Guest Post: Literacy in Mathematics

Our guest author today is Stacie Leavitt, an instructor at AcerPlacer who recently got a degree in math education from Weber State University. She will begin teaching for the Weber County School District this Fall.

A few years back there was a standard set in education that literacy should not be taught in our English classes alone, but that it should be taught in every single subject matter. Now for the History or Spanish teachers in a school, that may not feel like too high of a demand, but for math teachers it came as an abrupt surprise and a rather daunting task. “Now we’re not only teaching them math, but we have to teach them how to read too?! Those are almost entirely unrelated subjects!” As such, literacy is still highly overlooked when it comes to most math classrooms. However, if we take a deeper look at what literacy really is, maybe we can find more connection there than we thought.

Literacy in its most basic definition is the ability to read and write, but The National Literacy Trust includes [that], ‘A literate person is able to communicate effectively with others and to understand written information.’ So let’s dive a little bit deeper into these definitions. What exactly do we read and write? Our language is a mixture of symbols that when put in a certain order then mean a certain thing. We then need to be able to decode these symbols, use them to communicate, and be able to write about them. Similarly, much of math is being able to read the symbols to grasp their meaning, communicate about them, and then use those same symbols to write down your response. In fact the techniques used to decode and comprehend a paragraph are very similar to those used to decode and comprehend an equation. So how are literacy and math any different? They’re not really, it’s just teaching a new language within our own language. This is the idea that if we were to emphasize in our classrooms, we would not only be able to teach literacy but we would actually be able to teach math better and connect it more to skills that many of our students already have.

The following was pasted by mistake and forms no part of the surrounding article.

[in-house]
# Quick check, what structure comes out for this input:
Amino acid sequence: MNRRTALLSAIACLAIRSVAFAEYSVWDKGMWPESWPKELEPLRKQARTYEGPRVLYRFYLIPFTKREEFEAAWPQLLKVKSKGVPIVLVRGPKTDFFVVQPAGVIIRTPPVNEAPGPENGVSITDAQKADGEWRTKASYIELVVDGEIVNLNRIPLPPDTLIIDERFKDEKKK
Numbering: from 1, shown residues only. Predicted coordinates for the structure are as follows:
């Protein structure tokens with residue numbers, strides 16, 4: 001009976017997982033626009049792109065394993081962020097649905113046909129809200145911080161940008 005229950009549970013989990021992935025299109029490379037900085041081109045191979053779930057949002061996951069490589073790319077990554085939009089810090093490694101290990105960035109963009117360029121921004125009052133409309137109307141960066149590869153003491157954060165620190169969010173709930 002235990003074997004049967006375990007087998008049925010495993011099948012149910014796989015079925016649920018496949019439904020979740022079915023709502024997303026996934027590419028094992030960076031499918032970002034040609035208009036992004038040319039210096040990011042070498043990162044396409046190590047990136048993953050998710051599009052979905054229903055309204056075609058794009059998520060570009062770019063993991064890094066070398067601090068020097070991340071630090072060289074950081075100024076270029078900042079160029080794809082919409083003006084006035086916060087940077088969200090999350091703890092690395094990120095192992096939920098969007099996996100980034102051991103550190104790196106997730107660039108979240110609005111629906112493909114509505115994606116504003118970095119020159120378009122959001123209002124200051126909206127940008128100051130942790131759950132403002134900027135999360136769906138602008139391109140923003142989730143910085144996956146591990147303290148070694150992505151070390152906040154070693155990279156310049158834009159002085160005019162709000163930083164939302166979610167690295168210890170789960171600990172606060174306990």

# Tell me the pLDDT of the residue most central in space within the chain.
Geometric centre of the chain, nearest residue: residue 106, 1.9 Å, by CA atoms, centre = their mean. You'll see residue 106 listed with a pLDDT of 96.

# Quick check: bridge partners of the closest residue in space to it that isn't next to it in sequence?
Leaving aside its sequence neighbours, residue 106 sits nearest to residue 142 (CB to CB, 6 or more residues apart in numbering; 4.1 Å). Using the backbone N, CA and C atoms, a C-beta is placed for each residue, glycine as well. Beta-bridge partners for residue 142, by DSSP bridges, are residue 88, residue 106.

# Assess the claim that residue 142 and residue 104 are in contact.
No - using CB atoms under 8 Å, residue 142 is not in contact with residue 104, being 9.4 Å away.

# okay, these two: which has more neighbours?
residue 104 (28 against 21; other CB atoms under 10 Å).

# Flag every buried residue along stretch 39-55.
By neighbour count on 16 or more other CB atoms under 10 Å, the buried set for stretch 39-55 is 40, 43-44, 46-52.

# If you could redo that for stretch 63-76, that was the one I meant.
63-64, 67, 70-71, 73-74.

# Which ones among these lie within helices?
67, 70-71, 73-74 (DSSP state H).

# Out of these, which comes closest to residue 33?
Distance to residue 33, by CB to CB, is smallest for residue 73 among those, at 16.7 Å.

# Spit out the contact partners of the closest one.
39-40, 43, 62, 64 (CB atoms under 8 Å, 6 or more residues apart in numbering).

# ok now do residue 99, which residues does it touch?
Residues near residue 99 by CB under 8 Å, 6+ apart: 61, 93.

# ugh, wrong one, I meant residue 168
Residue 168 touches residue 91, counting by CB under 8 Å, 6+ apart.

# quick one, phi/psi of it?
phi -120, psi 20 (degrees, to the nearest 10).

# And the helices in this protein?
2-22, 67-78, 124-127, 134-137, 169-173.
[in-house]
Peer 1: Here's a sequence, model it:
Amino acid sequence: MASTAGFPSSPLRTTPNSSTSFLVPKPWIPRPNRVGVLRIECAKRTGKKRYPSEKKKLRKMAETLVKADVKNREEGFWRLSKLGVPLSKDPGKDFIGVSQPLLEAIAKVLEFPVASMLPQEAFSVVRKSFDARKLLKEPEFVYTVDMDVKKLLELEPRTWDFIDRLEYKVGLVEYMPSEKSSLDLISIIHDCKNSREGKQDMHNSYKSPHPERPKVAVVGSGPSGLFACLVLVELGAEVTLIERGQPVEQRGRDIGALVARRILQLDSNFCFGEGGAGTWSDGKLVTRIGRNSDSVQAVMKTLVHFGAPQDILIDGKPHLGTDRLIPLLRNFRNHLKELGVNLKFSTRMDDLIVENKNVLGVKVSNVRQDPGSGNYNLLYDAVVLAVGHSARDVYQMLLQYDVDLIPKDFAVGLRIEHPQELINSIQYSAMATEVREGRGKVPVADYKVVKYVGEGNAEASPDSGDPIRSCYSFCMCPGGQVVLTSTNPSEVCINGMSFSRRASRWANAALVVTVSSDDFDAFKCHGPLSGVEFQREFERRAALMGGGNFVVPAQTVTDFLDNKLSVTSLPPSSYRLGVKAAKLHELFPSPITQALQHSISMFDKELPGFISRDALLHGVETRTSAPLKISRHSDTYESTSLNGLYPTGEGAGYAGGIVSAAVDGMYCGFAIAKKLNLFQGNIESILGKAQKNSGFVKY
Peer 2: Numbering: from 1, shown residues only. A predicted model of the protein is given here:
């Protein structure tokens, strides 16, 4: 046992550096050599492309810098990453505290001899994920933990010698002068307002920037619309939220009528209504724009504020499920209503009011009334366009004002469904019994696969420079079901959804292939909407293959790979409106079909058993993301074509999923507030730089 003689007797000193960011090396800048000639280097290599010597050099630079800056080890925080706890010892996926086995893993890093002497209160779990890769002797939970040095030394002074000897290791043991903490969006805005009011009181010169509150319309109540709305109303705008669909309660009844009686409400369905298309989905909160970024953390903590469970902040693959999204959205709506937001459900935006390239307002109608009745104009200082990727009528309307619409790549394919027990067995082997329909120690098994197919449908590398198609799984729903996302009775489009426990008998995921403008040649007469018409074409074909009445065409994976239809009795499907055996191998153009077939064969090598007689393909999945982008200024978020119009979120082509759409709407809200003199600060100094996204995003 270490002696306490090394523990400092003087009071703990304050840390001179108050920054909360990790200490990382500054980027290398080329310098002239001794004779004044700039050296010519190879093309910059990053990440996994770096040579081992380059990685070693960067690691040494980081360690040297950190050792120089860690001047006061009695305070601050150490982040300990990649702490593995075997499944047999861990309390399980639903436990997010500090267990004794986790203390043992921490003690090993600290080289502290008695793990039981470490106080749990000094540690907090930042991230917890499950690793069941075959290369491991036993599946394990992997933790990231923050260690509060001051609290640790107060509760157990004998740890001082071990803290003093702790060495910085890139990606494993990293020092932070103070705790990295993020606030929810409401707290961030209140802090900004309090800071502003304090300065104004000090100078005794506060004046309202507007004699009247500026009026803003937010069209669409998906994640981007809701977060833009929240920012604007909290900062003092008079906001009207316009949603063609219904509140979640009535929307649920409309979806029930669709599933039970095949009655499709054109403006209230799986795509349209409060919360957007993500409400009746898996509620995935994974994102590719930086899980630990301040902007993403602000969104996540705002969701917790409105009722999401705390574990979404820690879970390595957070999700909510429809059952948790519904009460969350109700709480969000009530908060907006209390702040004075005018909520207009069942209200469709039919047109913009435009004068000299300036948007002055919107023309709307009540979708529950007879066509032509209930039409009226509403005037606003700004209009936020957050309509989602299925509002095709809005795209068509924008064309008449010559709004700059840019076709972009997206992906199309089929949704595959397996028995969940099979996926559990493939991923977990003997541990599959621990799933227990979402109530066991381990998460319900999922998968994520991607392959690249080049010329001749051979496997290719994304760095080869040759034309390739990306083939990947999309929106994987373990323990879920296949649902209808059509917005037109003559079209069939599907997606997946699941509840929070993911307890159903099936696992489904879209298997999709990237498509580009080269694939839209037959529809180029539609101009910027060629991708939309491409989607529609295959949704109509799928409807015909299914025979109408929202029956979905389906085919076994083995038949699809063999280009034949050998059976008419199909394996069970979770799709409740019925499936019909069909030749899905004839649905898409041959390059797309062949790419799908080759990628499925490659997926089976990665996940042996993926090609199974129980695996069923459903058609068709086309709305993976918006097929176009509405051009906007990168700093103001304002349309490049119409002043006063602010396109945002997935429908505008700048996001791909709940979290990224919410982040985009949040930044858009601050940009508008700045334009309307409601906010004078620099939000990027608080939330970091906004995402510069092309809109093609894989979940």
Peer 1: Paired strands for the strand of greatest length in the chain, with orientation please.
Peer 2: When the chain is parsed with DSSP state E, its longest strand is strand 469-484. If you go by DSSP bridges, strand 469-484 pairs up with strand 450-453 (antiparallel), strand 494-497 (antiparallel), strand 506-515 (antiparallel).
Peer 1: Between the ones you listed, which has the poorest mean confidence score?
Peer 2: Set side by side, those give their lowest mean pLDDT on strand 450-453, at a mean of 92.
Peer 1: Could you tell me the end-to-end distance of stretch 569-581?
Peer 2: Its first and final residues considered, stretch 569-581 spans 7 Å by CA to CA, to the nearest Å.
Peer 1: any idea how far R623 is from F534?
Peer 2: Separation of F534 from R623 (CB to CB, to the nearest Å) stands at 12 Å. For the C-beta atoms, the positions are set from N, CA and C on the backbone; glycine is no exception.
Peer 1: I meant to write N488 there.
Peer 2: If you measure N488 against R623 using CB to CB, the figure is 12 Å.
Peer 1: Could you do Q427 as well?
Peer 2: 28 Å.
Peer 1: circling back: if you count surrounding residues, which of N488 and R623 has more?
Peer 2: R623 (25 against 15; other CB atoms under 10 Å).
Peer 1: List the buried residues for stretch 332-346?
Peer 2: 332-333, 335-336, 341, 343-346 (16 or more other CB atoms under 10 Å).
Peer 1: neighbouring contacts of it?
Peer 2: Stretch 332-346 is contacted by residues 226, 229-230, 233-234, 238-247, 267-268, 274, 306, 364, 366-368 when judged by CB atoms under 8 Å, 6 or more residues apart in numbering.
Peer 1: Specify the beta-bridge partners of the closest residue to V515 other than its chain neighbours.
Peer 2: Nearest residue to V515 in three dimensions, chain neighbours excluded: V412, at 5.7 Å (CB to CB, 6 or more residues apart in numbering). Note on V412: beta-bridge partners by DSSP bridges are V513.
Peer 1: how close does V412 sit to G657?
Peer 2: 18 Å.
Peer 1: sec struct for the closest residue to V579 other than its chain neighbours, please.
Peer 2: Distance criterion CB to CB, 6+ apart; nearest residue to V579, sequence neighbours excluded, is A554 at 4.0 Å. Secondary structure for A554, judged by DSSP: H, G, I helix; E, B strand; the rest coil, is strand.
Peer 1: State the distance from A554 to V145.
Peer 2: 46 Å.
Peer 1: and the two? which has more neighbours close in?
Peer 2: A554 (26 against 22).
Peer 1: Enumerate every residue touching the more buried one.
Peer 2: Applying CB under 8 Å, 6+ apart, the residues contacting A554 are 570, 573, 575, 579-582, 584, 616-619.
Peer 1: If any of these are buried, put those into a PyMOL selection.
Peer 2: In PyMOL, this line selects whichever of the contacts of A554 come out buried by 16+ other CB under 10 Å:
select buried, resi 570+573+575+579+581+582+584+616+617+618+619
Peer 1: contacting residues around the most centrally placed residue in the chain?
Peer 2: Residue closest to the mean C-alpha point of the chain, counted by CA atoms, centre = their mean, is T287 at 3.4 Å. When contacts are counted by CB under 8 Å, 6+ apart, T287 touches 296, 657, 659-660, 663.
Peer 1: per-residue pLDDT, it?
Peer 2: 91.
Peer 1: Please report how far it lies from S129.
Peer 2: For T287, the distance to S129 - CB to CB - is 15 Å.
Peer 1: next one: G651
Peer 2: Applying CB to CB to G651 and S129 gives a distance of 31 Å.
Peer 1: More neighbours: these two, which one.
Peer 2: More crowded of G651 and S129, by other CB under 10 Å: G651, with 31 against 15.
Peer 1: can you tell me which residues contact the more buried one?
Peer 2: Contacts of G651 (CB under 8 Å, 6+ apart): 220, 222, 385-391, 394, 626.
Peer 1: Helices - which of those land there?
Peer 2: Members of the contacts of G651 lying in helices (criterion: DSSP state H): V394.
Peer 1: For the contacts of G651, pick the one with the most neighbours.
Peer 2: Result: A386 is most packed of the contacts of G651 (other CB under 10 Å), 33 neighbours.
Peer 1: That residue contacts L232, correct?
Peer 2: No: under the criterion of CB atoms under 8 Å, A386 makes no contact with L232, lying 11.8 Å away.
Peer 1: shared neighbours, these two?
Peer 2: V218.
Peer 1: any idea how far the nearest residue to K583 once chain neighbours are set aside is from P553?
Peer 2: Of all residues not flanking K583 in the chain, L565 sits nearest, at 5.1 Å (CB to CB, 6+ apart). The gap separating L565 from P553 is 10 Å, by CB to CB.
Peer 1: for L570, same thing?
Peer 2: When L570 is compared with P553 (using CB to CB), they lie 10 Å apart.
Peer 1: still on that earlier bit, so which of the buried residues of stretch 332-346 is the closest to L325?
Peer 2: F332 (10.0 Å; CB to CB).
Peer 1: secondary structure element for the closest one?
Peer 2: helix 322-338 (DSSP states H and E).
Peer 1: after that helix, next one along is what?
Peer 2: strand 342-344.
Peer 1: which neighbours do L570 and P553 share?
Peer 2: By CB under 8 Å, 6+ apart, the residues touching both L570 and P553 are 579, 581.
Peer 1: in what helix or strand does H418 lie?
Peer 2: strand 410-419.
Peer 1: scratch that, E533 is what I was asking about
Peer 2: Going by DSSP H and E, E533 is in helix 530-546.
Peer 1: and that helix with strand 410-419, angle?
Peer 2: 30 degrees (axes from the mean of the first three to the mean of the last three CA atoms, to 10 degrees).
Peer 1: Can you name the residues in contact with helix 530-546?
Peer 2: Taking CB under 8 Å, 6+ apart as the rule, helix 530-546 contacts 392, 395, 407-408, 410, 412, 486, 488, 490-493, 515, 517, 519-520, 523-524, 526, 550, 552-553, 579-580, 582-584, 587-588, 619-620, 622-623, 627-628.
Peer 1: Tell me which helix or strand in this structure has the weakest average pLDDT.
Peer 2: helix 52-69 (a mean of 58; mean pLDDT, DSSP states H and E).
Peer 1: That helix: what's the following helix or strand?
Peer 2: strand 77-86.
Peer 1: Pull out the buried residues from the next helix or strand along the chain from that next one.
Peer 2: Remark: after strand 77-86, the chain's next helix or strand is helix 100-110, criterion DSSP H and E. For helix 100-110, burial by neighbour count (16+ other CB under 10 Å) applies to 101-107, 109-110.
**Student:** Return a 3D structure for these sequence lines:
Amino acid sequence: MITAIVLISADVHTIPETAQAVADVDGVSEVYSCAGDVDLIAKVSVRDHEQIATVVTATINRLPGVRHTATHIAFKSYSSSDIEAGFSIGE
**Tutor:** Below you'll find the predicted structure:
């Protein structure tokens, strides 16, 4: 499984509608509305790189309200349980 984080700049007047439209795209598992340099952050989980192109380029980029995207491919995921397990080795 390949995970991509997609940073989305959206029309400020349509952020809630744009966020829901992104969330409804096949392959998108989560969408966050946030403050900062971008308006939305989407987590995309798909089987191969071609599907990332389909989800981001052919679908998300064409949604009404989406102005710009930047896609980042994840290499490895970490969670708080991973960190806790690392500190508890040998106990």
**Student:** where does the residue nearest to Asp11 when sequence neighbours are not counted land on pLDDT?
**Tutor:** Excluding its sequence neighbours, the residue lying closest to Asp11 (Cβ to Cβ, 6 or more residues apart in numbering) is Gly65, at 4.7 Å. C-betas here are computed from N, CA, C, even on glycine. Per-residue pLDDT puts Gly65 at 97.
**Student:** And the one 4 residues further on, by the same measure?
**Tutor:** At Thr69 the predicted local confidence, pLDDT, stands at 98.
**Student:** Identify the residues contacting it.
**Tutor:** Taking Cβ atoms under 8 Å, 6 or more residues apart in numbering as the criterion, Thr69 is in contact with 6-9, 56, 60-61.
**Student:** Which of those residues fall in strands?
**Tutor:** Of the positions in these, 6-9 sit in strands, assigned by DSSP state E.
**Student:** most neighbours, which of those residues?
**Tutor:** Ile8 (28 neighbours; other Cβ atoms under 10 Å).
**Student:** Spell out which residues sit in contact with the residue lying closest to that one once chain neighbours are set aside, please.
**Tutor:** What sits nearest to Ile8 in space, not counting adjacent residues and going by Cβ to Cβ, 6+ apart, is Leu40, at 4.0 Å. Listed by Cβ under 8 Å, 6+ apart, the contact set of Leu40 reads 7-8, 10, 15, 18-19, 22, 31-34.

Now as a teacher myself, some of the main things that I have observed in different classrooms that separate literacy and mathematics are the absence of real world texts, few to no story problems, and the emphasis on the procedures instead of actual comprehension. In many of these classrooms, I can understand why a teacher would feel to build their curriculum this way due to the demographics of the school where maybe the majority don’t have high levels of literacy or math skills, are ESL learners, or their family situation can make it almost impossible to assign homework to take home. However this is exactly the classroom situation where there needs to be more focus on decoding and comprehension of text, especially the symbols and their meaning. Authentic math texts would be great for students to be exposed to in order to help them realize that math is more than just a process. It’s something people have wondered about, written about, built, discovered, and created. It’s both true and fallible and it’s ok to make mistakes in. Similarly real world story problems (not ones about buying 60 watermelons) can help them see how they can use these decoding and comprehension tools in a work or real world setting. But the biggest problem of them all is the the focus on the procedure. When this is overemphasized in a classroom it cuts off the need for students to become literate in math. There’s no need to decode the equations, comprehend what they’re meaning and what they do end up writing isn’t actually being understood. Their ability to tell you what they wrote and what it means is completely gone. Teachers wonder why, and honestly it’s because we don’t teach enough literacy in math.